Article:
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The Stress of Homeschooling in a Pandemic

From March to May 2020 school closures triggered by the COVID-19 pandemic affected about 55.1 million U.S. students in both public and private schools across all 50 states. The switch to online instruction and working from home caused many families to experience stress, which can lead to anxiety and depression. As schools and communities grapple with reopening in the fall, Professor Danielle Dallaire from the William & Mary Department of Psychological Sciences shares some insights from her recent surveys of parents of school-age children on how both parents and children coped with the stress of homeschooling during the school closures of the spring of 2020.

Question: What did parents and children find stressful about homeschooling during the spring of 2020?

Answer: Stress experienced by families can fall into 2 categories: Spillover and crossover.  Spillover is when stress in one domain, like work, impacts one's ability to perform in another, like caregiving.  Crossover refers to how stress experienced by one family member leads to increased stress by another family member. For example, a child frustrated because they cannot interact with their friends may be moody or act out and that can cause stress for the parent. 

Parents and children were dealing with many stresses during the spring. Parents reported being worried about finances, job security, possible infection, and trying to balance both work and children’s educational needs. Children also experienced stress with the loss of their usual extracurricular activities, adjusting to online learning, and the loss of contact with peers and friends. Research out of China by the China-European Paediatric Association–Union of National European Paediatric Societies and Associations also reported that media exposure and local infection rates contributed to children’s stress. Our survey with families in the U.S. replicates these findings. U.S. parents reported being most stressed about their work, their children’s education, and their children’s screen time usage. Children reported being worried about the infection and missed school, and missing their friends and activities.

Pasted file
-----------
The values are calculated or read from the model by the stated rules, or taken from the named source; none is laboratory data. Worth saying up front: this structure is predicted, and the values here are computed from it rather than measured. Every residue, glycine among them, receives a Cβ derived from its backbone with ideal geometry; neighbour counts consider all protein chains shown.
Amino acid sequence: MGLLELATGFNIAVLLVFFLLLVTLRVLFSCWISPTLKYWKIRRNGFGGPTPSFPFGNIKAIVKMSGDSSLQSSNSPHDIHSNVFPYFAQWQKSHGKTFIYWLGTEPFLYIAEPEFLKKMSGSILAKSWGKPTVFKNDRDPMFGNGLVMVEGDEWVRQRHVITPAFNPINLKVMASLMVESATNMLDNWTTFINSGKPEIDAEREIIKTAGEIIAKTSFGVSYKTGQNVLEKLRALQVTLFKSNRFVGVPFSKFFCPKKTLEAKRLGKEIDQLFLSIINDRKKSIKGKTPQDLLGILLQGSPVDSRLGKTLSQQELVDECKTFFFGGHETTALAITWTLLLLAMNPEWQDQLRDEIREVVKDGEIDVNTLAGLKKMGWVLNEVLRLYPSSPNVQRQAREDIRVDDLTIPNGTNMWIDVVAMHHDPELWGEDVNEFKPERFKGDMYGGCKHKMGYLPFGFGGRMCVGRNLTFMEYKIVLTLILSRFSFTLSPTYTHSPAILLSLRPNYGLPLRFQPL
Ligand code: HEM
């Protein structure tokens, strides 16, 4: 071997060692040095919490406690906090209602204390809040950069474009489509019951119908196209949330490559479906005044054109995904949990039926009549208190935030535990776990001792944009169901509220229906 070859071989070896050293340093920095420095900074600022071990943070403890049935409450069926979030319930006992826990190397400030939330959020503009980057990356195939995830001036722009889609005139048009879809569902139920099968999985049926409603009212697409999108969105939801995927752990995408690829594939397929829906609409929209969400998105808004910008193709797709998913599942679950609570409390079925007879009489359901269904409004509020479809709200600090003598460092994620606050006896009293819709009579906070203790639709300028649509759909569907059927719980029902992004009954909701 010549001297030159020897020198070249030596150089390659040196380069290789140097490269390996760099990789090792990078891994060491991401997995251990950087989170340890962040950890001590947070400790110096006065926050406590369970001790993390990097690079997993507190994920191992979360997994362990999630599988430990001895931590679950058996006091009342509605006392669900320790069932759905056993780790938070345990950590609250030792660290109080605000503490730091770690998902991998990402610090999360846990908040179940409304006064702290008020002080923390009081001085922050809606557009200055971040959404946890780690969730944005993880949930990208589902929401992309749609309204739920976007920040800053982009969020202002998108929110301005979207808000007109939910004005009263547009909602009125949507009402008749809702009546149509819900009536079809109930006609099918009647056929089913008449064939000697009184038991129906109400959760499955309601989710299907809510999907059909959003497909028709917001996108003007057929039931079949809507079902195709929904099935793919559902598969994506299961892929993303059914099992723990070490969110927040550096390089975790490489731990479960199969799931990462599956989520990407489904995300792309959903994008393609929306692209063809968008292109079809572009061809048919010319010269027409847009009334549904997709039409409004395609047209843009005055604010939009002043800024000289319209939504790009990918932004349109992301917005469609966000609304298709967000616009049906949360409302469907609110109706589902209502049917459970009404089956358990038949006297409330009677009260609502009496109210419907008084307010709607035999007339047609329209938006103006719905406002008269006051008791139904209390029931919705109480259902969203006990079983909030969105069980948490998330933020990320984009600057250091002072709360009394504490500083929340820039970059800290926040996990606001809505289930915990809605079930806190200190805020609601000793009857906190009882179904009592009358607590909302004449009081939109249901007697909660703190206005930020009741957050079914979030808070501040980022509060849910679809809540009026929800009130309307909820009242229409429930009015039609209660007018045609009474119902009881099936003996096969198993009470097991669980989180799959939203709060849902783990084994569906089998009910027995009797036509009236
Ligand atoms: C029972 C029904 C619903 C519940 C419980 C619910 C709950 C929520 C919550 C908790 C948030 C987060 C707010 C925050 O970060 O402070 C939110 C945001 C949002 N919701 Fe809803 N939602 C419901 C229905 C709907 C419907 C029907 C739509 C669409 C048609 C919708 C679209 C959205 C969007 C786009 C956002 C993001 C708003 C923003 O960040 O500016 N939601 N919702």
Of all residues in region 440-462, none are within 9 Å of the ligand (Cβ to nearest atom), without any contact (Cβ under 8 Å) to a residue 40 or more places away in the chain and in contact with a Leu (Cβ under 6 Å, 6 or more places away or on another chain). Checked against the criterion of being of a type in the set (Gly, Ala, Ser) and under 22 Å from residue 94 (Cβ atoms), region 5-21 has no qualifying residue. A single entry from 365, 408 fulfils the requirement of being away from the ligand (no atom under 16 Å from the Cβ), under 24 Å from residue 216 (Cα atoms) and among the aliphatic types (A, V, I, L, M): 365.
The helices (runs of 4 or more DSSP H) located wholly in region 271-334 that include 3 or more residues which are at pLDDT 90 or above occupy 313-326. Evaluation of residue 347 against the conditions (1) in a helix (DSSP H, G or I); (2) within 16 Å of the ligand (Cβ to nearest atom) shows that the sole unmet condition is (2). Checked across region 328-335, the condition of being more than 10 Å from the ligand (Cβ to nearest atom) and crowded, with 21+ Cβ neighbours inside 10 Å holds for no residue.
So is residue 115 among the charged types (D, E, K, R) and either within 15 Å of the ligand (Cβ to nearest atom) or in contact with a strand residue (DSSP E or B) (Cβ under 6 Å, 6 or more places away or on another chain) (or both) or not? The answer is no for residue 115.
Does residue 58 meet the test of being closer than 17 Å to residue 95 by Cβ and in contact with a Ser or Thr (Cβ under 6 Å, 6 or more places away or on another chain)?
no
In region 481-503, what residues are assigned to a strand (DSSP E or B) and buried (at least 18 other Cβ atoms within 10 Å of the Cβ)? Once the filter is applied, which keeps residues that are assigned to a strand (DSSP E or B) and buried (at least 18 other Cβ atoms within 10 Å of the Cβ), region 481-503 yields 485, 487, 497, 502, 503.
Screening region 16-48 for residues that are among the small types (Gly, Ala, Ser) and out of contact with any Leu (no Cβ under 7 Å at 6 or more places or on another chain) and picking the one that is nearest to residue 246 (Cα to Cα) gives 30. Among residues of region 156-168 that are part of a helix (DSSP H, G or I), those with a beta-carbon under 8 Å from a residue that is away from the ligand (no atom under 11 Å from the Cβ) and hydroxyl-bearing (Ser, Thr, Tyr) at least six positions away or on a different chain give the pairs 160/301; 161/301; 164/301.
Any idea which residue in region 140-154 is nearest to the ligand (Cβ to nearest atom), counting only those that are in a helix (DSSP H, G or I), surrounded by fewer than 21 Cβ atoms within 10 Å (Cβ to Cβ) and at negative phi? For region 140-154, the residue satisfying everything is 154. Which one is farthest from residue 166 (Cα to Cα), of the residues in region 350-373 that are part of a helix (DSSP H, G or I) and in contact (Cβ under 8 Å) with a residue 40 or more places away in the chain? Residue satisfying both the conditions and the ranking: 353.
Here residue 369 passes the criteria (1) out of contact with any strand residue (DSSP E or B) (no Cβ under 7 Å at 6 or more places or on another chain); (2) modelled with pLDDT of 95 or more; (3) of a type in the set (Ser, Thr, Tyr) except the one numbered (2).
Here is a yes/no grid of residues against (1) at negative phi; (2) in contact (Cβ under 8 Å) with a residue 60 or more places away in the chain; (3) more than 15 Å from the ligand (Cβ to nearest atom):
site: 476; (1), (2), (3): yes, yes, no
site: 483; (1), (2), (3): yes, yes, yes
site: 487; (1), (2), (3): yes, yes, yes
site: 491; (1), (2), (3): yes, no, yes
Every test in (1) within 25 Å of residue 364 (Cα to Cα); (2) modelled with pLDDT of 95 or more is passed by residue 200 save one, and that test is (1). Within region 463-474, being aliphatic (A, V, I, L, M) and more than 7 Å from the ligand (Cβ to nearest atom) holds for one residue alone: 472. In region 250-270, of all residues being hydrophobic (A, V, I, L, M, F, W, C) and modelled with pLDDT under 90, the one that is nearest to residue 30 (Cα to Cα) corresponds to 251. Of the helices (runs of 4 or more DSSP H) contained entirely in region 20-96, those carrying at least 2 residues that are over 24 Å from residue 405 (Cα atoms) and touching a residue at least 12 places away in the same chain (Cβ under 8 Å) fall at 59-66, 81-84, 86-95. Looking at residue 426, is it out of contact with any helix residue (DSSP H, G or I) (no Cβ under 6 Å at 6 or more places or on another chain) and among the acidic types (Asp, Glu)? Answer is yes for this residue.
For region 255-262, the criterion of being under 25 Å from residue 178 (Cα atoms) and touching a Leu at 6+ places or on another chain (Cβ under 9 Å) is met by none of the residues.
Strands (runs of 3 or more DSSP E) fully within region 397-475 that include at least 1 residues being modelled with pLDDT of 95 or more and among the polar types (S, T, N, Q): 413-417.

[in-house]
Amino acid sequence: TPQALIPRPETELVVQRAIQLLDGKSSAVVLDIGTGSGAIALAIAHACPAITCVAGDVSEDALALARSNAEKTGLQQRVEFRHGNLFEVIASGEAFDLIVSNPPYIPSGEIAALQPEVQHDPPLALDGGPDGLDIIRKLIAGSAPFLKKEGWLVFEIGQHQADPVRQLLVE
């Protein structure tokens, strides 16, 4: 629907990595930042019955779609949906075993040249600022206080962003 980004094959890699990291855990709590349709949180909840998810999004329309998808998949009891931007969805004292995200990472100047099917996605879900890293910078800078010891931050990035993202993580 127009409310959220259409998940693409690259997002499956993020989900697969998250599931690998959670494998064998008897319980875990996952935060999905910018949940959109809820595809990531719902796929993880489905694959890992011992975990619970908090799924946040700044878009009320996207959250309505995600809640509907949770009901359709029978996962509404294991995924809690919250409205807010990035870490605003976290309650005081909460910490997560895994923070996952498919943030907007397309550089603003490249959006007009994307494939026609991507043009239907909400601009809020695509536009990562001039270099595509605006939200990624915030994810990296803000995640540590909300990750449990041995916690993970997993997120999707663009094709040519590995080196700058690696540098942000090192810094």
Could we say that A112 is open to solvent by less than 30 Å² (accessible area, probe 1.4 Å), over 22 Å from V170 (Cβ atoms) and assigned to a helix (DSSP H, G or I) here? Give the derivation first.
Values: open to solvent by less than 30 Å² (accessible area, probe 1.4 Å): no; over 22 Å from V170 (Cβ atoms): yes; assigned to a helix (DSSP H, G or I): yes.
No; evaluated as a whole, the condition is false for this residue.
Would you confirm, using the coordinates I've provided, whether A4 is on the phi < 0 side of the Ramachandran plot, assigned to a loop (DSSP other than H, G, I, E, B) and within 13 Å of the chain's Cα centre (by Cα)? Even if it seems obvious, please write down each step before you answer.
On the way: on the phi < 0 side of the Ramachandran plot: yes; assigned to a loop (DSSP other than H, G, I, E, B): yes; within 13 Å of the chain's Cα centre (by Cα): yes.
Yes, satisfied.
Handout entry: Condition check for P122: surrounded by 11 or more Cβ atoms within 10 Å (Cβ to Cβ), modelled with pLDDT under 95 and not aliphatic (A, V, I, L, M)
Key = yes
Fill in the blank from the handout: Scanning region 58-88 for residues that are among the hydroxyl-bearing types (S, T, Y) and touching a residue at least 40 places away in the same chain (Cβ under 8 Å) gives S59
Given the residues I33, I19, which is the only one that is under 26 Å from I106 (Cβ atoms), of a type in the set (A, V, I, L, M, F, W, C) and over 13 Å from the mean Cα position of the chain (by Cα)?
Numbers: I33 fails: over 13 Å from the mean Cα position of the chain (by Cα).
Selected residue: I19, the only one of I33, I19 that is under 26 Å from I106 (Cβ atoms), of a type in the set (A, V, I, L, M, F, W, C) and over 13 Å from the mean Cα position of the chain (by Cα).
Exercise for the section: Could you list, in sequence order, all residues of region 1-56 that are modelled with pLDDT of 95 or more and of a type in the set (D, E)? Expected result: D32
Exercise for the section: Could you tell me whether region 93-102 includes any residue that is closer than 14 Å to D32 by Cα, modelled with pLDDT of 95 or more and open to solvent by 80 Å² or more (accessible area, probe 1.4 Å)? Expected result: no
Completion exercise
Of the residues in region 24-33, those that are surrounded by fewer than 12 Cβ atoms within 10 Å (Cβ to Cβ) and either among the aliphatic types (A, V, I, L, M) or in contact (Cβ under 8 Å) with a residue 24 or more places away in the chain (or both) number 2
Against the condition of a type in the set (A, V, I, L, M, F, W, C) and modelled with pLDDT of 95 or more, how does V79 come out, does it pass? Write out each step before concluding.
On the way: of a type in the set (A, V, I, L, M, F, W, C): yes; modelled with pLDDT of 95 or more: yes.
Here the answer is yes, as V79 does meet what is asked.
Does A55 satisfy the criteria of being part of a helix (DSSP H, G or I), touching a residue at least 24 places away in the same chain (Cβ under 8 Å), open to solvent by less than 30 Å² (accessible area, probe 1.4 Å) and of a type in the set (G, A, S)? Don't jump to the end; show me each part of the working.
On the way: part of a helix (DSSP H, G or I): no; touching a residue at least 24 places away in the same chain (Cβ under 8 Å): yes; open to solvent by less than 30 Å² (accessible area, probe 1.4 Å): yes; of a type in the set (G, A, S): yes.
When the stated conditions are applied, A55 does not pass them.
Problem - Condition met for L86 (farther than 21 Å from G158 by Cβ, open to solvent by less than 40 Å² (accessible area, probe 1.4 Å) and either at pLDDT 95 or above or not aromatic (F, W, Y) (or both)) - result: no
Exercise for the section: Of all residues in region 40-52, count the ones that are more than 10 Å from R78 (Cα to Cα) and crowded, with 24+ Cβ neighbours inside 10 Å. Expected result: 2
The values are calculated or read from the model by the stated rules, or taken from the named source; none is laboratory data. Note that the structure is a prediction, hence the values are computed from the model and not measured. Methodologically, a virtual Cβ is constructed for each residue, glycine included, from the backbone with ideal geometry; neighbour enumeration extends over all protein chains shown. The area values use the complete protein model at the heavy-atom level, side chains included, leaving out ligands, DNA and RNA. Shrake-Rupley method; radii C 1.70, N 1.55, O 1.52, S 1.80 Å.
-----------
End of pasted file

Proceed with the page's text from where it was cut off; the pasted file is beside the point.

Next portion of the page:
Question: What kinds of things help alleviate stress for parents and children?

Answer: Heather Prime from York University discusses several ways families can alleviate stress during this time, including establishing a “new normal” routine, getting outside and engaging in physical activity, and discussing fears and anxieties and ways to manage them.  In our survey, parents who stuck to a routine reported less anxiety, depression, and stress, and their children had fewer adjustment problems. Parents who reported that their children spent more time outside reported experiencing less anxiety, and children who engaged in rigorous physical activity experienced fewer adjustment problems. Lastly, parents who expressed confidence in being able to help their children meet their educational needs reported less stress, depression and anxiety, and fewer child difficulties. 

Question: What about families with children who have special educational needs?

Answer: Twenty eight percent of the parents who completed our survey indicated that their child had received special educational services through their school. Half of these parents reported that they stopped getting services due to the pandemic. Unfortunately, these children and families are in high need for continued services as they reported more total adjustment difficulties among children than families who were not receiving these services before the pandemic.

Question: As the pandemic continues into the fall and many families will return to distance learning, what advice can you offer them?

Answer: Our results would suggest that making and sticking to a “new normal” routine would alleviate stress for both parents and children.  A certain degree of predictability in this uncertain time will go a long way to contain some of the spillover and crossover stress many families experienced during the spring.  Our results would also suggest that children of all ages should get outside and be active.  Outdoor physical activity is an effective stress reliever for both children and parents. Last, we would suggest having open conversations about both parents and children’s fears, worries and expectations. These conversations can help parents and children identify negative emotions and find constructive ways to manage them. 

Question: What can schools do to help support children and parents?

Answer: It will be important for schools to help parents establish routines with clear expectations about educational time and activities. This will help reduce parents’ stress and children’s adjustment difficulties. Schools should also support parents in homeschooling and help build parents’ confidence that they can support their children and meet their educational needs. Lastly, we’d recommend finding ways to continue to offer support and services to at-risk children and those who need special educational services. 

Additional Reading and Resources:

Co-Space Study: Supporting Parents, Adolescents and Children during Epidemics

Jiao, W. Y., Wang, L. N., Liu, J., Fang, S. F., Jiao, F. Y., Pettoello-Mantovani, M., & Somekh, E. (2020). Behavioral and Emotional Disorders in Children during the COVID-19 Epidemic. The Journal of pediatrics, 221, 264–266.e1.

Prime, H., Wade, M., & Browne, D.T. (2020). Risk and Resilience in Family Well-being During the COVID-19 Pandemic. American Psychologist.